And number three, let’s have a plan for affordable housing for the entire city of Baltimore. As I mentioned earlier, 82,000 households, almost a third of all city residents, can’t pay their rent every month. What are we doing for them? Let’s figure that out instead of giving money to private developers who don’t need it, like Harbor Point.

And number four—.

NOOR: Which got $100 million in—.

SINGER: Oh, more than $100 million. Maybe as much as $600 million, depending on how you count.

NOOR: Okay. And so on that point of bonding, though—but critics would say, why make the city go further into debt? It’s going to cost millions of dollars every year.

SINGER: The city issues $100-$120 million worth of bonds every two years—has for many years, will probably continue to do so. Let’s devote a significant, a reasonable portion of that to these homes.

And number four, let’s join with the housing commissioner and the mayor and others to change the climate in Washington, D.C. There’s no good reason why we’re giving tax dollars to private developers to then take over public housing and make more of a profit. I don’t understand it.

NOOR: So, Bill, there was a few points raised there. What about—let’s just go through them. What about the possibility of the tenants owning these houses, this housing?

HENRY: The possibility of the tenants owning—well—.

NOOR: Is it a political possibility?

HENRY: I guess it would depend on what you mean by ownership. If by ownership you mean have a percentage in some type of larger consortium of ownership, as is often the case with low-income housing tax credit deals, a lot of times they are set up originally by nonprofits, and the nonprofits maintain a small percentage of ownership, small enough that private investors can be considered to be the owners, so that the tax credits can work for them. But with a percentage of ownership, they can maintain control and they can actually be the managing partners in the deal. They can be the ones who hire the private management company. I think GEDCO’s operation at Stadium Place is probably a—I think that’s going to be a fair approximation of that, but maybe I shouldn’t offer it. I don’t know enough about the structure of their deal. But I do know that GEDCO hires the private management company that runs the complex on a day-to-day basis. It might be possible to set up ownership structures where some type of tenants association is the formal managing partner and is the entity that hires the private management company.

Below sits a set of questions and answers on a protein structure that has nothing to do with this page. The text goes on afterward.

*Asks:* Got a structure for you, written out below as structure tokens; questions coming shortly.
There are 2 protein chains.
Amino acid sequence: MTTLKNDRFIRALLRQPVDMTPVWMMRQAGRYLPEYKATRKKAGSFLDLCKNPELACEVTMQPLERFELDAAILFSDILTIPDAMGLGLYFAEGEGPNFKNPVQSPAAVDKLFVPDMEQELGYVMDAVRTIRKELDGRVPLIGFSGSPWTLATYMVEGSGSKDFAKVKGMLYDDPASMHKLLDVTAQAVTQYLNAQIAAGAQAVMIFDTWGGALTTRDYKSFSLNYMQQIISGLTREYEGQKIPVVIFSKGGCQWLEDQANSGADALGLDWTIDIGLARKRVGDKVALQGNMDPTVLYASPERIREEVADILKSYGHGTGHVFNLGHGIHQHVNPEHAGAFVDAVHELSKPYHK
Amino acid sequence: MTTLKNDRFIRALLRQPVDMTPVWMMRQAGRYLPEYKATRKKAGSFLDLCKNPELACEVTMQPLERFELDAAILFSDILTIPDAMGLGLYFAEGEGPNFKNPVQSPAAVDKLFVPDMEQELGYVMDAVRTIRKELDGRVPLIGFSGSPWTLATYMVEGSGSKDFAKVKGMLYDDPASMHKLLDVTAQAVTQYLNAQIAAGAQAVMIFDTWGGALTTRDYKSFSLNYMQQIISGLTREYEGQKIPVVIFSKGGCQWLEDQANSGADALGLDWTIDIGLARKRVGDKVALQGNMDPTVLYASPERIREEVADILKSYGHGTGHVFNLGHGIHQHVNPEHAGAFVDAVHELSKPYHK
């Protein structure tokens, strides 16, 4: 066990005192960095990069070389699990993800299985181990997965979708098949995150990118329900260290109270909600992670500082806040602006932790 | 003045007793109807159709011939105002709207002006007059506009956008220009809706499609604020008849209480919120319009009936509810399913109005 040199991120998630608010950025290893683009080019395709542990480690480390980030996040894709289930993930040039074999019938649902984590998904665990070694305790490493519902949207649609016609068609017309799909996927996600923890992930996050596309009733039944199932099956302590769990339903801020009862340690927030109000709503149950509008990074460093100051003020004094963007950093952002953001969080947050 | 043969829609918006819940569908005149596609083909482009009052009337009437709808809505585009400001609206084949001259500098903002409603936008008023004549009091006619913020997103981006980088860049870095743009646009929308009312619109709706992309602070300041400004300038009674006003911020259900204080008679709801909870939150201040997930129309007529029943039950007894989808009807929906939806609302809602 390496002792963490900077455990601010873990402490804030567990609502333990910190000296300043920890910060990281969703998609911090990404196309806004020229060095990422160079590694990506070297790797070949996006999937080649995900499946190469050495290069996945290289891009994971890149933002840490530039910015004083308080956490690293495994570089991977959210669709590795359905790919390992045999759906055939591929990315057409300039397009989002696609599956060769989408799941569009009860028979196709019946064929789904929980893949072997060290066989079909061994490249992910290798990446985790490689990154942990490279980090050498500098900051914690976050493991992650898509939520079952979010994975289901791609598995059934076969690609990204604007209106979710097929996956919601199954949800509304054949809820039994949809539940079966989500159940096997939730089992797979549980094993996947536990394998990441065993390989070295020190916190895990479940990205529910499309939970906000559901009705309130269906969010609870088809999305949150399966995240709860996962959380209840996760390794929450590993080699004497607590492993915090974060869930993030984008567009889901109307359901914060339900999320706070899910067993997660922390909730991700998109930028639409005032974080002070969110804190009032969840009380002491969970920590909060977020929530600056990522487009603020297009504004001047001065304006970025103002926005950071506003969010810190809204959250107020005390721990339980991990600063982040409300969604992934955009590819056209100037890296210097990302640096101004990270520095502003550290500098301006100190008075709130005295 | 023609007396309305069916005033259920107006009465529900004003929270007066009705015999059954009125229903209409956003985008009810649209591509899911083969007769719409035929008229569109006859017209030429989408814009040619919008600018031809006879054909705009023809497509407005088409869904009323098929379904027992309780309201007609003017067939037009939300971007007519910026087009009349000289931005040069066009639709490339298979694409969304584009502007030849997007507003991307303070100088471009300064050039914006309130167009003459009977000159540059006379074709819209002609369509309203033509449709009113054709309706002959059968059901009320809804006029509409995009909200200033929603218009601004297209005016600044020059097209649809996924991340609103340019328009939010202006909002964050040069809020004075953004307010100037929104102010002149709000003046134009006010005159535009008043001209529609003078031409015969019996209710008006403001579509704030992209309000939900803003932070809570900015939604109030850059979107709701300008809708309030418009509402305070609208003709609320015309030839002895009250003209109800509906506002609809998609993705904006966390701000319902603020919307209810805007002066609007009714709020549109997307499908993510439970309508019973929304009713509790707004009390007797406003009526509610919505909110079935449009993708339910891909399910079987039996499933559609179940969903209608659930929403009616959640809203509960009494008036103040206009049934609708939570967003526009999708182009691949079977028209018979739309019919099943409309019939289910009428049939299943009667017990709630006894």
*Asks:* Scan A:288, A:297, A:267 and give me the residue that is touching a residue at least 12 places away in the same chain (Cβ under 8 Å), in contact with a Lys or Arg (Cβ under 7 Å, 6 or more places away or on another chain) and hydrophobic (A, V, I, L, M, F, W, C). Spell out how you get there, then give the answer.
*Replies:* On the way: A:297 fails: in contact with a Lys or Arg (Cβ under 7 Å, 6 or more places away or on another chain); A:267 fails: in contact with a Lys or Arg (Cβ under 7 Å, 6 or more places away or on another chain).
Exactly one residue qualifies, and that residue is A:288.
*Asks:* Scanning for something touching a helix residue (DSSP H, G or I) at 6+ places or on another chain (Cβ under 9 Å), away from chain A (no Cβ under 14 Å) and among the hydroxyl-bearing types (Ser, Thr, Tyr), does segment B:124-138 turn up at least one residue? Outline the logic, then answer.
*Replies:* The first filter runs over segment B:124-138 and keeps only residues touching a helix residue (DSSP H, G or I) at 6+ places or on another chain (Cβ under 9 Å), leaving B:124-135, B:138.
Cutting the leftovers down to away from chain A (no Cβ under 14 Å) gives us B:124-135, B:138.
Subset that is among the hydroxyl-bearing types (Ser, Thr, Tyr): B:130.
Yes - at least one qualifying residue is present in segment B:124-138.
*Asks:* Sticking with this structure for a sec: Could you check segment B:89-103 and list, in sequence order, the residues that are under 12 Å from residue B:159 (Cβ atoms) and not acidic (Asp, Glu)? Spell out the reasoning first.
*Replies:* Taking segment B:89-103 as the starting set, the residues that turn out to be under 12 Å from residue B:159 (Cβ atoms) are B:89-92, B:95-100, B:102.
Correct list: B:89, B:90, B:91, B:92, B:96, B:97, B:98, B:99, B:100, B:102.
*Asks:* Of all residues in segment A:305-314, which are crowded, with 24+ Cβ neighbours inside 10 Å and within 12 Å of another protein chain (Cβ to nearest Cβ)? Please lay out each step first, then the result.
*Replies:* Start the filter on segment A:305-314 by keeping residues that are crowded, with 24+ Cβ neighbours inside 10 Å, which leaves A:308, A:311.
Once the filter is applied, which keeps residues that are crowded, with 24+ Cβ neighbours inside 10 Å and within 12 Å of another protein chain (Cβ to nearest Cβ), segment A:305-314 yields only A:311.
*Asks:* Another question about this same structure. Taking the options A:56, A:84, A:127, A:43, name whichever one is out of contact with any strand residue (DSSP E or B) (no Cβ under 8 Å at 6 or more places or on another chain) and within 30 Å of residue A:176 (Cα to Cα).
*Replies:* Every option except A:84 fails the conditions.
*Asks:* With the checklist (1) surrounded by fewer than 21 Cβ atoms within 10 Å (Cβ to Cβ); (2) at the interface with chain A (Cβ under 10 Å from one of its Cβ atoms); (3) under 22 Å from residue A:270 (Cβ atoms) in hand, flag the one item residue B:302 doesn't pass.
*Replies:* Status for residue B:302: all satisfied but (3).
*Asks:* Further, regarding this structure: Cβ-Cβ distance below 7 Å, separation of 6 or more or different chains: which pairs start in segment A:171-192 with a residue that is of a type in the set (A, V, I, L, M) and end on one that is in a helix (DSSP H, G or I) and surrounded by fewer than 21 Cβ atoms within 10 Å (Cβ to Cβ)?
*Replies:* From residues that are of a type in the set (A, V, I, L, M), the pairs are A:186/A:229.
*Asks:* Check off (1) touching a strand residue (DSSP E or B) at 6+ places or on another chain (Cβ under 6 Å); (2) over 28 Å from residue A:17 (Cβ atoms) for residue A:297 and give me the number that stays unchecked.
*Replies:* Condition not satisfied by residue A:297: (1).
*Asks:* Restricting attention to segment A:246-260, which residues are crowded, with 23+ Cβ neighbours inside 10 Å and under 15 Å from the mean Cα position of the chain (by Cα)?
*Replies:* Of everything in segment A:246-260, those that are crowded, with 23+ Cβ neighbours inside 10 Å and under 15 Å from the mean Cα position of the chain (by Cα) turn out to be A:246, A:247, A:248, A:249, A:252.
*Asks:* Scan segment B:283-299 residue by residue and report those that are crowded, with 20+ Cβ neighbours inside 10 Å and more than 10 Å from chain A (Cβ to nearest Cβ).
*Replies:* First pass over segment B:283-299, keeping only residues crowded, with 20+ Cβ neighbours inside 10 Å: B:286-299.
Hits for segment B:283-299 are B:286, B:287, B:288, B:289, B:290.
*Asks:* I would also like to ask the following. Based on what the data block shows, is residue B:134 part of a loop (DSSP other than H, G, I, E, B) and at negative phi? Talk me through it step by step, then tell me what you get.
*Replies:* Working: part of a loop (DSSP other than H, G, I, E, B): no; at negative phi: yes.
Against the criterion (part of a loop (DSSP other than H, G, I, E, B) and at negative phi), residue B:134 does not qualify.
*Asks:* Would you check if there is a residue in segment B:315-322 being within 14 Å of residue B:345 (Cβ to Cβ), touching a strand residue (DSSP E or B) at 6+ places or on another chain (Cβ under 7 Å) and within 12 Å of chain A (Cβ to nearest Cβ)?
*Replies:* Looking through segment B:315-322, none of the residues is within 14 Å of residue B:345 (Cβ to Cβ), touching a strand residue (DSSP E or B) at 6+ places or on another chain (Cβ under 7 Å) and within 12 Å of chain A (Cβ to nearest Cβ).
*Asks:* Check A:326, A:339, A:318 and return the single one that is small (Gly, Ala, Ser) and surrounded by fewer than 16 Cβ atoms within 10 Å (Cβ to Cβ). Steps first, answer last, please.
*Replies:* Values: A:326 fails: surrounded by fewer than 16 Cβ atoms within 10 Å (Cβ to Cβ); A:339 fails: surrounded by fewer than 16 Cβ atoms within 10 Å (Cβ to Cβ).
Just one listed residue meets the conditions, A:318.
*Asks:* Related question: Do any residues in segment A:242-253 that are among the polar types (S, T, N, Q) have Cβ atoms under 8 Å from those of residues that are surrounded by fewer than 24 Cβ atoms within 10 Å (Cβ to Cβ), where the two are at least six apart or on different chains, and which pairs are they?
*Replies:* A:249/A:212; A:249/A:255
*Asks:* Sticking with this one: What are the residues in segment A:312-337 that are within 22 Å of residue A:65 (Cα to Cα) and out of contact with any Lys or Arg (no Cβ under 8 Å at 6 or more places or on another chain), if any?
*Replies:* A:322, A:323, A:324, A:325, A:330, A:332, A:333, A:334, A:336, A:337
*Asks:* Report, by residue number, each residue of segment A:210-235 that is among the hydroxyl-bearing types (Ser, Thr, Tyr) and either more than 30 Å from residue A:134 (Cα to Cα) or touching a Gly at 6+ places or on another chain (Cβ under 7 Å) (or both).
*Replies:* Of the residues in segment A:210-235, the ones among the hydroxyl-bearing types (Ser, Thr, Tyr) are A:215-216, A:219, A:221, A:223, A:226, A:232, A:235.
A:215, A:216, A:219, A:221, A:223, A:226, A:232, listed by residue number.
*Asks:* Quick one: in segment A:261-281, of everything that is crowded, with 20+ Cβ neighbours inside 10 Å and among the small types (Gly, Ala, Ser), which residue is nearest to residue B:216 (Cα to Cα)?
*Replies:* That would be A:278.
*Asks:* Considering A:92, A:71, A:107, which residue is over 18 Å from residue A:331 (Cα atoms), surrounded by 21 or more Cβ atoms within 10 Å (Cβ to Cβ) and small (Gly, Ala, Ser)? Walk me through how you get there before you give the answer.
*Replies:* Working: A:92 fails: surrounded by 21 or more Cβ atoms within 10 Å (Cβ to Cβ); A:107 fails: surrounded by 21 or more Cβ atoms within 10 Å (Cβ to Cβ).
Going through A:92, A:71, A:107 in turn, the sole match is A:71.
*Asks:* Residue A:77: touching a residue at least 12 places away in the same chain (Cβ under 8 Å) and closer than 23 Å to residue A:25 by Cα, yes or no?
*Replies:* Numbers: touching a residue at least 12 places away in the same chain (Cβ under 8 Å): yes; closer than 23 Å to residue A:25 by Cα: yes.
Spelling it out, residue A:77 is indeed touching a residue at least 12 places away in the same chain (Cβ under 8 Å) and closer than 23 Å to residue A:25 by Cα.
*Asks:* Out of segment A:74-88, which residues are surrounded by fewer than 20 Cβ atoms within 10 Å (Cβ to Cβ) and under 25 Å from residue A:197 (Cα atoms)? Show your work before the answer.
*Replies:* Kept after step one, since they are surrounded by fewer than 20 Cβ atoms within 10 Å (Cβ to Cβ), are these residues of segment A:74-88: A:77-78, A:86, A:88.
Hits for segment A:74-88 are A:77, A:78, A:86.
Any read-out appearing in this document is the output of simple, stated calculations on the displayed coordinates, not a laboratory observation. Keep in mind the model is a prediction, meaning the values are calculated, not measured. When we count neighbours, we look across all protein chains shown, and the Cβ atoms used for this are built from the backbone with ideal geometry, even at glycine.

But at the end of the day, to say that it would be nice if the tenant to—why don’t we have the tenants own it, well, the tenants don’t have the resources on their own to put up the money to make the repairs, which is the whole point for the existing program is that the money to do the major renovation and rehabilition is coming from private investors. And so what they’re getting in return for that investment is the overwhelming share of the ownership in the project.

NOOR: And so we’re almost out of time, but what about the city contributing some money? I know, I know. It’s said Baltimore City is one of the highest taxed with property taxes in the area and maybe the country. But why not a proposal like taxing houses that are worth more than $500,000? Why can’t the rich help contribute?

HENRY: We actually have discussed on multiple occasions. We would need to go to the General Assembly and ask for state authority to charge a different tax rate on different properties.

That being said, many of us, myself included, have thought we should pursue that, actually going the other direction, to have a higher tax on vacant property, so that speculators who buy up a property and then leave it vacant and blighted should be charged a significantly higher price, rather than a lower tax burden, because they have devalued the property.

If we—it should definitely be a conversation for the city to put a significant amount of capital money of its own into public housing. Right now we have bonding authority to do, as Jeff said, about $120 million every two years. There is huge competition every year over what’s going to go in the capital budget in the bond program.

NOOR: It’s been going—a lot of it has been going to private developers.

HENRY: No, no. None of it goes to private developers. It all goes to public infrastructure. It all goes to streets and bridges and buildings that the city owns. The money that went to the Harbor Point project didn’t go to the developer; it went to building streets and roads and sidewalks and infrastructure that are going to be necessary for the developer to build the rest of the development.

NOOR: Okay. So we started with Bill. Jeff, final thought.

SINGER: There are creative and progressive ways, I think, that we ought to explore, as the councilman mentions, we ought to explore as an alternative to selling off something that all of us own in common. Once we sell it, we’ll probably never get it back.

NOOR: Jeff Singer, Bill Henry, thank you both for joining us.

HENRY: Thank you, Jaisal.

SINGER: Thank you.

NOOR: You can follow us @therealnews on Twitter. Tweet me questions and comments @jaisalnoor.

Thank you so much for joining us.